Debris from a large Chinese rocket re-entered Earth’s atmosphere over the Indian Ocean at 12:45 p.m. Eastern time, according to the U.S. Space Command.
In an update posted on the social networking site Weibo, the Chinese Manned Space Agency said most of the debris had burned up on re-entry over the Sulu Sea, a body of water between the island of Borneo and the Philippines.
The possibility, however slight, that debris from the rocket could strike a populated area had led people around the world to track its trajectory for days.
The administrator of NASA, Bill Nelson, issued a rebuke on Saturday, saying that China “did not share specific trajectory information as their Long March 5B rocket fell back to Earth.” He added that all countries should “share this type of information in advance to allow reliable predictions of potential debris impact risk, especially for heavy-lift vehicles, like the Long March 5B, which carry a significant risk of loss of life and property.”
The rocket Mr. Nelson referred to in his statement launched last Sunday, carrying to orbit a laboratory module that was added to China’s space station, Tiangong. Usually, the large booster stages of rockets immediately drop back to Earth after they are jettisoned. But the 23-ton core stage of the Long March 5B accompanied the space station segment all the way to orbit.
Because of friction caused by the rocket rubbing against air at the top of the atmosphere, it soon began losing altitude, making what is called “uncontrolled re-entry” back to Earth. In recent days, space watchers had projected potential re-entries over much of the planet. Within the last day, the prediction became more precise, but even then forecasters were unsure whether it would come down over the Indian Ocean, off Mexico or in the Atlantic.
People in Sarawak, a province of Malaysia on the island of Borneo, reported sightings of the rocket debris on social media, with many believing the pyrotechnics at first to be a meteor shower or a comet.
This was the third flight of Long March 5B, China’s largest rocket. The country’s space program needed such a large, powerful vehicle to carry parts to orbit for the assembly of its space station.
On its first test flight in 2020, it lofted a reusable astronaut capsule with no crew aboard to orbit. That booster fell on villages in Ivory Coast in western Africa, causing some property damage but no injuries.
The second flight carried Tianhe, the main module of Tiangong, the new space station, last year and splashed down in the Indian Ocean. This launch added Wentian, the laboratory module.
The Long March 5B contained multiple pieces. Four side boosters dropped off shortly after the launch, crashing harmlessly in the Pacific Ocean. (Disposing of used, unwanted rocket pieces in the ocean is a common practice.) But the core booster stage — a 10-story cylinder weighing 23 tons empty — carried the Wentian module into orbit.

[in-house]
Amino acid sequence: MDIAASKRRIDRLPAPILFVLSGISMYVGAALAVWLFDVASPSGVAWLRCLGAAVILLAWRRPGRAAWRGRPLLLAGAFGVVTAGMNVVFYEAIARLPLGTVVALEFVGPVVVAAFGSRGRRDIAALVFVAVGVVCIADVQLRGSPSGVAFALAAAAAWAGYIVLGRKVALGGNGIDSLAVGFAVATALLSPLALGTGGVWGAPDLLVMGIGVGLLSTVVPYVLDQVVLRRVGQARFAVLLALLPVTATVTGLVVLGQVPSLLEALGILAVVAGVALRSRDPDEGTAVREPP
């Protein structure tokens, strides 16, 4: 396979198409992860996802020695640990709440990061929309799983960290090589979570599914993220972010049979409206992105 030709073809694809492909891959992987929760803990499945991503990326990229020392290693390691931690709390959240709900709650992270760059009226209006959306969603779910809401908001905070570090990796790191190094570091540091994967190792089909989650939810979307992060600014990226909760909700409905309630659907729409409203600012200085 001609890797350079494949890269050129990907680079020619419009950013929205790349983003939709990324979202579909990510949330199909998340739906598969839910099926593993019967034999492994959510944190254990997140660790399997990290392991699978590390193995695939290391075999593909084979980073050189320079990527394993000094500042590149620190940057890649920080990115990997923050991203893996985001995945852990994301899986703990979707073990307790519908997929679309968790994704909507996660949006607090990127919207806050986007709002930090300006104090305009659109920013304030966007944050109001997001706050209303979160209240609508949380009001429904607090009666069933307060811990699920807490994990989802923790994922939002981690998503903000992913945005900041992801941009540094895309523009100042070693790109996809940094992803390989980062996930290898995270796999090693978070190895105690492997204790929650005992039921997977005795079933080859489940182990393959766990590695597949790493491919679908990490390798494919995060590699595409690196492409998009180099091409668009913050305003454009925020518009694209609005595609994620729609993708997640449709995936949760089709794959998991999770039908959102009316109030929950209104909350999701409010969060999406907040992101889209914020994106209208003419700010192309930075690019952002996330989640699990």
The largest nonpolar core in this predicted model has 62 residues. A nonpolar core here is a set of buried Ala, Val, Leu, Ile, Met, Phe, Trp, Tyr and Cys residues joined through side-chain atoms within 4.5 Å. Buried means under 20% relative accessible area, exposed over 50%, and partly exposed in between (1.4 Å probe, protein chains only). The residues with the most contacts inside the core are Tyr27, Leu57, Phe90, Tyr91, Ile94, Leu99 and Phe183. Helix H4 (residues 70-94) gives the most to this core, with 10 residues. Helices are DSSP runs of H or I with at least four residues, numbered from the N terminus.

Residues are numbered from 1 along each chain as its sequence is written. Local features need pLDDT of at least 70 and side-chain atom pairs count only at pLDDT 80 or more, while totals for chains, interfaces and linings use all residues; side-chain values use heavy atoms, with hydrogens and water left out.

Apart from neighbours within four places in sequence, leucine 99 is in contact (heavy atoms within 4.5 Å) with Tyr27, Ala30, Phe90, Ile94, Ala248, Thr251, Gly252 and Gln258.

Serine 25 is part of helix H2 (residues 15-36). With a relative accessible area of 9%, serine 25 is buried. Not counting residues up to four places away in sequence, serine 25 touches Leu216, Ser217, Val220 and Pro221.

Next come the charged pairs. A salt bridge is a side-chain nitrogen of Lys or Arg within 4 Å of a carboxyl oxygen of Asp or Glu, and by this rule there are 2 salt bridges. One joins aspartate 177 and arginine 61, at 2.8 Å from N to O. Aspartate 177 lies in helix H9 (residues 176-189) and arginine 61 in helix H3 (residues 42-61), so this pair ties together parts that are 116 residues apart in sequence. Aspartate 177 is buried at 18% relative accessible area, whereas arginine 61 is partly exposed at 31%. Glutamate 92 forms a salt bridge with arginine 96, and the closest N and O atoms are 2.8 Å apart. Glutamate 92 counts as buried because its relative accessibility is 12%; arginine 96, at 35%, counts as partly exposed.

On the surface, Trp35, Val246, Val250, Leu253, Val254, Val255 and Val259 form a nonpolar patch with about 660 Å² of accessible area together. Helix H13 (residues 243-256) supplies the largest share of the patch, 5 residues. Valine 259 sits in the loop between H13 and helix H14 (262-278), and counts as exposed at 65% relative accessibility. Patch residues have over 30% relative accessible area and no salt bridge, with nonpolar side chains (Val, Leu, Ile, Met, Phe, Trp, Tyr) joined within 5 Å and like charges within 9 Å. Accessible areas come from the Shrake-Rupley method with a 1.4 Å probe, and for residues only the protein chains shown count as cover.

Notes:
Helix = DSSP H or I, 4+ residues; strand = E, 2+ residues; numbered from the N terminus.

The installation of the lab advances the progress of a second outpost in orbit where humanity is able to conduct scientific research in a microgravity environment.
China plans to operate the new Tiangong station for at least a decade, inviting other nations to take part. Tiangong is smaller than the aging International Space Station, which is to be retired in 2030 under NASA’s current plans, although Russia has given conflicting signs of how long it was continue to participate.
In recent decades, rocket stages that reach orbit typically fire the engine again after releasing their payloads so that they drop out of orbit, aimed at an unoccupied area like the middle of an ocean.
Typically 20 percent to 40 percent of a rocket or satellite survives re-entry, which would suggest that 10,000 to 20,000 pounds of the Chinese booster would reach Earth’s surface.
One more laboratory module is to be launched using the same rocket in October, completing construction of the space station. A final mission for the rocket is planned for 2023, transporting an orbital space telescope.
Experts say that the designers of the rocket had alternatives to his approach. They could have had the booster stop firing before reaching orbit. It would then immediately fall back to Earth in the Pacific. But then they would have had to augment the propulsion systems on the space station module to take it the rest of the way to orbit.
Jonathan McDowell, an astrophysicist at the Center for Astrophysics in Cambridge, Mass., who tracks space debris, suggested that the Chinese might have been able to employ a trick similar to what NASA engineers did more than 40 years ago with the Saturn 1B rocket. The second stage of the Saturn 1B was large and, like the Long March 5B booster, did not have thrusters to control the re-entry.
“They actually did something clever in terms of venting the fuel,” Dr. McDowell said. “They didn’t actually have a rocket engine ignition, but they vented the fuel in such a way as to lower the perigee into the atmosphere.”
Li You contributed research.